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  1. de Vries, E. ; Ahn, J. (Ed.)
  2. de Vries, E. ; Hod, Y. ; Ahn, J. (Ed.)
    Our work investigates interest triggering, a necessary component of sustaining and developing long-term interest in STEM. We gathered interview data from middle school aged learners (N = 7) at a science-focused Minecraft summer camp over a period of one week. We first identified STEM interest triggering episodes, then categorized each episode based on codes developed previously by Renninger and Bachrach (2016). Our initial findings show differences in the frequency of interest triggering episodes across individuals and suggest that personal relevance and the use of Minecraft played prominent roles.
  3. de Vries, E. ; Hod, Y. ; Ahn, J. (Ed.)
    In this paper, we present a co-design study with teachers to contribute towards development of a technology-enhanced Artificial Intelligence (AI) curriculum, focusing on modeling unstructured data. We created an initial design of a learning activity prototype and explored ways to incorporate the design into high school classes. Specifically, teachers explored text classification models with the prototype and reflected on the exploration as a user, learner, and teacher. They provided insights about learning opportunities in the activity and feedback for integrating it into their teaching. Findings from qualitative analysis demonstrate that exploring text classification models provided an accessible and comprehensive approach for integrated learning of mathematics, language arts, and computing with the potential of supporting the understanding of core AI concepts including identifying structure within unstructured data and reasoning about the roles of human insight in developing AI technologies.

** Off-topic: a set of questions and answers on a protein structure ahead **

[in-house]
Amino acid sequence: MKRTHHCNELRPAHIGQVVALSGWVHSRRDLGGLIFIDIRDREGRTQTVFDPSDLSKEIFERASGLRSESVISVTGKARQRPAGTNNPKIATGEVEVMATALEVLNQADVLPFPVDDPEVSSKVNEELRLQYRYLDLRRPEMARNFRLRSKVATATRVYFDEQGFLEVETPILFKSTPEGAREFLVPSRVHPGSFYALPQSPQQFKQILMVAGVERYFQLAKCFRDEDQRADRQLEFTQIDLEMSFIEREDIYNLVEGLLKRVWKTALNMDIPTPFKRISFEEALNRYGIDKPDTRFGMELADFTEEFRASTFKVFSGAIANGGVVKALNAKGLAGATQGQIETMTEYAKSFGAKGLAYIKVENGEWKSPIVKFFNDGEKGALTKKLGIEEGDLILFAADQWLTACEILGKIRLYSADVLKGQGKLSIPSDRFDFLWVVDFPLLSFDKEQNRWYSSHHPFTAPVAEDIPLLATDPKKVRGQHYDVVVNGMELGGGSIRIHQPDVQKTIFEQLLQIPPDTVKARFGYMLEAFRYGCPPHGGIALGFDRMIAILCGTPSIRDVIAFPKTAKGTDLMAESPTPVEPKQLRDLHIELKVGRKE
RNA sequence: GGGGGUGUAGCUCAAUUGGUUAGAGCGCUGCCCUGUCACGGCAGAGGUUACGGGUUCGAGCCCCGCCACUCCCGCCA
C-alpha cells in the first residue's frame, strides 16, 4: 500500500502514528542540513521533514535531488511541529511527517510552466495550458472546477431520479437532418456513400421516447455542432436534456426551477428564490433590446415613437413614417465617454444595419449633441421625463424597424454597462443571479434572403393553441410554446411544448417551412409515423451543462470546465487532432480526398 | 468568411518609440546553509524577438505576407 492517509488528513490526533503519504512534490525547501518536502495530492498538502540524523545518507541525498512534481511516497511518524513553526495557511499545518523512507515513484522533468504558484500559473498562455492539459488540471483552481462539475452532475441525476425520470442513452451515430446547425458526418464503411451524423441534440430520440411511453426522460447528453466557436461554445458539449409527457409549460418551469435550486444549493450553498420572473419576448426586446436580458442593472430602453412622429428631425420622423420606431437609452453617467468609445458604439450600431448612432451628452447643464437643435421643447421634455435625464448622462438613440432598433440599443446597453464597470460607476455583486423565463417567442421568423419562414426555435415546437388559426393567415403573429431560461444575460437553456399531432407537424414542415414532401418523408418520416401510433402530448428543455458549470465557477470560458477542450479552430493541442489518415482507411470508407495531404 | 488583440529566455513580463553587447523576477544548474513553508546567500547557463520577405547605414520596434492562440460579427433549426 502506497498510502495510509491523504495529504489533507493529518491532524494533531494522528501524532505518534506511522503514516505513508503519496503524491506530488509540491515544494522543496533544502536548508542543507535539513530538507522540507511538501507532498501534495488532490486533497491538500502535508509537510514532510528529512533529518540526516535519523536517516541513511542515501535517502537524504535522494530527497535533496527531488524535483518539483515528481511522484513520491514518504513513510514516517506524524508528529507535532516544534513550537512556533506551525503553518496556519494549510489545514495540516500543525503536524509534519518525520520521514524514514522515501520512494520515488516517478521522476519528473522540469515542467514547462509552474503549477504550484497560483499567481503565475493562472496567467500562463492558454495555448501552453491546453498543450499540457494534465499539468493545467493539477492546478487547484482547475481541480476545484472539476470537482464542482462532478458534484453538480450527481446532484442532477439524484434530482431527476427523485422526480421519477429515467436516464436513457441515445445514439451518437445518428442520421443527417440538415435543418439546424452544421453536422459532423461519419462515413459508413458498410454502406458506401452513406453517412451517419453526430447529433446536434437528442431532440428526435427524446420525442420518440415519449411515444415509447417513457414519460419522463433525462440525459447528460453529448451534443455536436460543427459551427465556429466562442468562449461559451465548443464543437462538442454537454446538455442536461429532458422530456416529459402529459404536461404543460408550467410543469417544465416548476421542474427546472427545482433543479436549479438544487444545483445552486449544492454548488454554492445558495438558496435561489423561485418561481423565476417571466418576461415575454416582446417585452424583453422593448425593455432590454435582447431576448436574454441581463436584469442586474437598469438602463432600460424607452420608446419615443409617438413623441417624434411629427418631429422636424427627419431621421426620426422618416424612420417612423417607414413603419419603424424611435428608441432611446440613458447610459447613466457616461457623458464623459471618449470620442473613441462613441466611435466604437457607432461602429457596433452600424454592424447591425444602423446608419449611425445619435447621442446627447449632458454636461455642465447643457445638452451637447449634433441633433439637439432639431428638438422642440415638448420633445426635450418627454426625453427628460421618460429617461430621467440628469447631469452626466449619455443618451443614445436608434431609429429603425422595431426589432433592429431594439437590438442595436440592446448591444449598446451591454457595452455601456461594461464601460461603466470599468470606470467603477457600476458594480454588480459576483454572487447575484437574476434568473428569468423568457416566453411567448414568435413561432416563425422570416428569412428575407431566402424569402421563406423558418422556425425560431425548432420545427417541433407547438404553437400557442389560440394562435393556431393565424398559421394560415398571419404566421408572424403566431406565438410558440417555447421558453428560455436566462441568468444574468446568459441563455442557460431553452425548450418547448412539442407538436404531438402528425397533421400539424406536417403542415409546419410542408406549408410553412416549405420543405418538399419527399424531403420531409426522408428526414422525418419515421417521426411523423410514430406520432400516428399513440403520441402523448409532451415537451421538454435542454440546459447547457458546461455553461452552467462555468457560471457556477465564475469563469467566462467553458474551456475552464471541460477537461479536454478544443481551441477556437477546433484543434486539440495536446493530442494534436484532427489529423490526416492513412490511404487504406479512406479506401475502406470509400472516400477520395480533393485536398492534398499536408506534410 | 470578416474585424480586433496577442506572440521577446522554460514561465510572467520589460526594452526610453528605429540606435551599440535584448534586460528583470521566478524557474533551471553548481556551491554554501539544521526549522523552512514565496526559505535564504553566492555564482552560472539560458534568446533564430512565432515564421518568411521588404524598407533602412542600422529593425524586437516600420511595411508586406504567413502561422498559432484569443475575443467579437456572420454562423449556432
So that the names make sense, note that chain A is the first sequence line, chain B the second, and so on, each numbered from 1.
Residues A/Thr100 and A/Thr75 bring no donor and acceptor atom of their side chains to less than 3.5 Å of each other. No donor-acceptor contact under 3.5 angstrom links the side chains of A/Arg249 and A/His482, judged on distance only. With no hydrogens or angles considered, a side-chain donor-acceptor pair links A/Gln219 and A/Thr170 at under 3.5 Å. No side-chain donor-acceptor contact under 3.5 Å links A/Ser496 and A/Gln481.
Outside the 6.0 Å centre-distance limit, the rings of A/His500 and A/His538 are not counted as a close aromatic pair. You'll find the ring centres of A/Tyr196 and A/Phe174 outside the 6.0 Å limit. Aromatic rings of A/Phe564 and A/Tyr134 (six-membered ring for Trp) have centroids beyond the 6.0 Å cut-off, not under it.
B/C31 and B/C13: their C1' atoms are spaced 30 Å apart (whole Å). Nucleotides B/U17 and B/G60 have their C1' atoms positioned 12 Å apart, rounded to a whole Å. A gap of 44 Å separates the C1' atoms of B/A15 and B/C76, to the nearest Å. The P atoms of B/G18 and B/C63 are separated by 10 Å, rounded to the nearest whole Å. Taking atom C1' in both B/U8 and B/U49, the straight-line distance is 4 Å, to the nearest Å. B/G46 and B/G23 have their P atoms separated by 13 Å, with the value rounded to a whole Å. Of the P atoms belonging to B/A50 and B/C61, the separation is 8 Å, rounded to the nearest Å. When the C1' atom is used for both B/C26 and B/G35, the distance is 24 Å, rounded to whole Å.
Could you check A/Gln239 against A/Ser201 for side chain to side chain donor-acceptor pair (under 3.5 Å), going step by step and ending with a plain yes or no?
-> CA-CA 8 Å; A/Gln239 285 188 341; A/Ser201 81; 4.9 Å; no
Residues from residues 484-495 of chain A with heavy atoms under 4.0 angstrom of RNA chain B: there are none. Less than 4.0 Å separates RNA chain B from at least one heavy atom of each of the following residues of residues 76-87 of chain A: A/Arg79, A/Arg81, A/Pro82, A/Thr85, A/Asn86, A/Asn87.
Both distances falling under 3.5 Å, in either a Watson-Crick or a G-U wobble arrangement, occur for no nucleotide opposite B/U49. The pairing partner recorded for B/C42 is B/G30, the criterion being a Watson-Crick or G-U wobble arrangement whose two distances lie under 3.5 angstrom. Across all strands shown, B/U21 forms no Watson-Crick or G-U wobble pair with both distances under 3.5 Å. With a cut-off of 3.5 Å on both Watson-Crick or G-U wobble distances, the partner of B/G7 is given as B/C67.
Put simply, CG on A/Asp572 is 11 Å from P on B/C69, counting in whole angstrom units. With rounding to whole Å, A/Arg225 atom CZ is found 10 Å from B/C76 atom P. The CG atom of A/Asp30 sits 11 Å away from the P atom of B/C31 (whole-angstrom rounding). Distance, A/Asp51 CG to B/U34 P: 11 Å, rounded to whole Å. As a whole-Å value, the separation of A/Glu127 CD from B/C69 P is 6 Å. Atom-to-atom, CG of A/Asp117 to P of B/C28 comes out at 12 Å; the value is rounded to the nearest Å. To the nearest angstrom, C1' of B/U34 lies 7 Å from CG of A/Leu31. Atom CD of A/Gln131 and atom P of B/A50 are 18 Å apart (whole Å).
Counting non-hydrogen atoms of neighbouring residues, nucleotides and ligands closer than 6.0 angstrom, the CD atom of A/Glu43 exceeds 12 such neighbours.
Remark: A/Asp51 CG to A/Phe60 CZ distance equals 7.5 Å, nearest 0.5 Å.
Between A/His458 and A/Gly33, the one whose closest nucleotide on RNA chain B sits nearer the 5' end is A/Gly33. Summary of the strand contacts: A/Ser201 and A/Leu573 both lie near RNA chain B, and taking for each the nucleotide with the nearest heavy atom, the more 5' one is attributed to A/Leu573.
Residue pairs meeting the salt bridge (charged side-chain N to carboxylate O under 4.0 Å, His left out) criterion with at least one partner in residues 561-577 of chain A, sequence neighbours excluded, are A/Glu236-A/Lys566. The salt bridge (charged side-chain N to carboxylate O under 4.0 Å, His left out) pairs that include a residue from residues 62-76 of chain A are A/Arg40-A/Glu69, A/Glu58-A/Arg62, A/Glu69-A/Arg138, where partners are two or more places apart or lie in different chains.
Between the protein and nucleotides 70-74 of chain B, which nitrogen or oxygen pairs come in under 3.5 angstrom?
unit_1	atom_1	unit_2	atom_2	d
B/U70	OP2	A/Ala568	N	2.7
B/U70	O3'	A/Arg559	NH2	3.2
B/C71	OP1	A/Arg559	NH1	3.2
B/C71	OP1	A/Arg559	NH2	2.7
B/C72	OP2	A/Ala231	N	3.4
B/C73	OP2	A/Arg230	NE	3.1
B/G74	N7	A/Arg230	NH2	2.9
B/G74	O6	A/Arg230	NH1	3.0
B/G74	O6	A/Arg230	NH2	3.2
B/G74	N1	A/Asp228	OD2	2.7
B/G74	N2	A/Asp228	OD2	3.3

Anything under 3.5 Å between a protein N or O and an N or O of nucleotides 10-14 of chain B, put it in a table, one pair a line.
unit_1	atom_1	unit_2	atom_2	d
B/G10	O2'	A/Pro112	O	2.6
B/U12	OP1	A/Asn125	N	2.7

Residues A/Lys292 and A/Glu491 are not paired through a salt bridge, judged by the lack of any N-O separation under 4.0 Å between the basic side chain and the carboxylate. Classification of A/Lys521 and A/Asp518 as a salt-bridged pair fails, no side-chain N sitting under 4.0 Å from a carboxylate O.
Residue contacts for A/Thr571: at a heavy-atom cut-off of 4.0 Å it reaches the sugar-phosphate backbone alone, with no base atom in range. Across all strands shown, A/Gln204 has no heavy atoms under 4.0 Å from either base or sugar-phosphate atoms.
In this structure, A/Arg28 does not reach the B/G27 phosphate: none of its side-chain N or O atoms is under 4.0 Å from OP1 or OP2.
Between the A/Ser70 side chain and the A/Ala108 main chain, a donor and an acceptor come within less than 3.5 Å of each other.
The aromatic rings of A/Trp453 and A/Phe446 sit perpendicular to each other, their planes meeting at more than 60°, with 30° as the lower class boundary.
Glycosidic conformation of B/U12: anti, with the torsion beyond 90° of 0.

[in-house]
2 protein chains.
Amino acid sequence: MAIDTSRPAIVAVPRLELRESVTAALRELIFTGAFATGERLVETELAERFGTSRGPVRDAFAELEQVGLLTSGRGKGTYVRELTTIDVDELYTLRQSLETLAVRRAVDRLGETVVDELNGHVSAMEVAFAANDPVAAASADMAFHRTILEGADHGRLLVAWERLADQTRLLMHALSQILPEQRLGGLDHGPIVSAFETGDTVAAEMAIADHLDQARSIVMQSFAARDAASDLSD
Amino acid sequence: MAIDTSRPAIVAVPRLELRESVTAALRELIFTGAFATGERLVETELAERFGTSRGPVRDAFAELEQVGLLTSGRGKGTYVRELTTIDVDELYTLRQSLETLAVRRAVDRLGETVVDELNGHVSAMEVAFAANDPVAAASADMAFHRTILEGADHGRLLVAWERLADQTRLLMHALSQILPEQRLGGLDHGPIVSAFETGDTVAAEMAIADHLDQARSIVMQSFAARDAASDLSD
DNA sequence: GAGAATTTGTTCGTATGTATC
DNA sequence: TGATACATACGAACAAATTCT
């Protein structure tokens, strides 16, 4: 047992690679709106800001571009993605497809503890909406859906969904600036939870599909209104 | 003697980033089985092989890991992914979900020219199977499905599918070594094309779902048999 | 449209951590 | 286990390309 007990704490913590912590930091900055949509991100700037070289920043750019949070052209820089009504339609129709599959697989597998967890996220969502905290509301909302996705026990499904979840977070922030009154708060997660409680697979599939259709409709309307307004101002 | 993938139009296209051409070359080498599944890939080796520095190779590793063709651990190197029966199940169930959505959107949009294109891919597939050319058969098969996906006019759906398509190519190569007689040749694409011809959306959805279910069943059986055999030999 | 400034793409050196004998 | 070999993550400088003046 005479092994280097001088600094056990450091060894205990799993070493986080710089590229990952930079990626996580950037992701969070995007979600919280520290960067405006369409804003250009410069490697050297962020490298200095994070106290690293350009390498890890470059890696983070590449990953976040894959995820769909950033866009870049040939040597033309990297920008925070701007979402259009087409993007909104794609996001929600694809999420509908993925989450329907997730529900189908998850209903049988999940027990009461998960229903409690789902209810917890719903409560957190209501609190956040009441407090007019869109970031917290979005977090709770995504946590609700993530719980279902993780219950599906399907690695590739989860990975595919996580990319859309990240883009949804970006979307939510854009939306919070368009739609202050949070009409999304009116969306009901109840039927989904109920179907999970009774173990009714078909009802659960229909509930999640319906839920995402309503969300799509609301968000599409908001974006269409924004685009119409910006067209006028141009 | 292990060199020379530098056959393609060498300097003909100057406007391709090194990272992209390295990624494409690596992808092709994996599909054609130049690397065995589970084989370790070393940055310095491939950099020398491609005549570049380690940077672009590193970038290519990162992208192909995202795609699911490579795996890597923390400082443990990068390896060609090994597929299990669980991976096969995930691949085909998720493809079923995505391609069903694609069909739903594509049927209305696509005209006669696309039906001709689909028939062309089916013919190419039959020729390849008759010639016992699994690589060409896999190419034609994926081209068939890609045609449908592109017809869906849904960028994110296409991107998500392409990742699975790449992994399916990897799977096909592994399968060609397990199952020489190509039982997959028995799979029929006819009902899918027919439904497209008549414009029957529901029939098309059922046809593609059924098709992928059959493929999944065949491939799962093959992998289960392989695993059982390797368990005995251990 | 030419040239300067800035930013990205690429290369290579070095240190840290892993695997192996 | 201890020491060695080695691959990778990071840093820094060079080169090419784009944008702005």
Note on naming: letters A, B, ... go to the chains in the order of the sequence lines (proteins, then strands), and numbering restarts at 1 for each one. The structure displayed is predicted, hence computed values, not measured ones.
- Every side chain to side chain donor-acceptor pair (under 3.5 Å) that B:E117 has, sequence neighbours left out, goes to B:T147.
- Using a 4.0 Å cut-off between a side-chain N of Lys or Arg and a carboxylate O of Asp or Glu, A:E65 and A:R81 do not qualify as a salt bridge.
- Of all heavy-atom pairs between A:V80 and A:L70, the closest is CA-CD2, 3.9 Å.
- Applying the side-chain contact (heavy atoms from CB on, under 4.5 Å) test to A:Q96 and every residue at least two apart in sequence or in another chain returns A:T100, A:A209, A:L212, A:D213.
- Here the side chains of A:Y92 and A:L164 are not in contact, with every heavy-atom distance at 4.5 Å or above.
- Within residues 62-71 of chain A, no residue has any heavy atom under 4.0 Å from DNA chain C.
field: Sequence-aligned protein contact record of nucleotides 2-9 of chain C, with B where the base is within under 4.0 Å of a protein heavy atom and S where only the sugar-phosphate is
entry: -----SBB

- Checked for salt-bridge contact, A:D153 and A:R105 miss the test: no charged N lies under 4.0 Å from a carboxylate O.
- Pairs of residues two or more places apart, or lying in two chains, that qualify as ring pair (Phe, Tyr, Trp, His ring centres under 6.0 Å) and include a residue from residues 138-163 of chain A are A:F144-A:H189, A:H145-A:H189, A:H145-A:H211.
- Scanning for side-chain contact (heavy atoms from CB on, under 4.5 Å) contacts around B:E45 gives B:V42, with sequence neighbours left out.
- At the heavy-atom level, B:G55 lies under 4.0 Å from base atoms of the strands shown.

4. deVries, E. ; Hod, Y. ; Ahn, J. (Ed.)
    Materials play an important role in learning. Humans actors use materials in particular ways depending on the context and materials also can shape how human actors use materials. This study explores the dialogical relationship between the participants and materials in suminagashi, a Japanese paper marbling activity. We found that materials that are traditionally thought of as art materials, such as paintbrushes, are used to support practices often considered science practices, such as experimentation.
  5. de Vries, E. ; Hod, Y. ; Ahn, J. (Ed.)
  6. de Vries, E. ; Hod, Y. ; Ahn, J. (Ed.)
    We explore how a Teacher Action Planner (TAP) that synthesizes student ideas impacts teacher noticing. The TAP uses Natural Language Processing (NLP) to detect student ideas in written explanations. We compared teacher noticing while using the TAP to noticing when reviewing student explanations. The TAP helped teachers deepen their analysis of student ideas. We did not see any impact on immediate instructional practice. We propose redesigns to the TAP to better connect noticing to instruction.
  7. de Vries, E ; Hod, Y. ; Ahn, J. (Ed.)
    We report on design-based research to refine a professional development workshop that supports teachers to customize online curricula. We iteratively design representations to make the knowledge integration pedagogy of the curricula visible. We study ways to make the work of students using the curricula actionable for participating teachers. We analyze participants’ trajectories across the three iterations of the workshop. Initially, when participants realized they could customize the online curriculum, they developed feelings of ownership. Then, as participants deepened their understanding of the pedagogy, they began to use it to evaluate their own instruction. The trajectory culminated in participants connecting the pedagogy to student work from their own classroom. This led to a shift from focusing on remedies for misconceptions to seeking opportunities for building on students’ nascent ideas when customizing. The workshop refinements empowered teachers to mobilize the pedagogy to interpret their students' work to inform their customization decisions.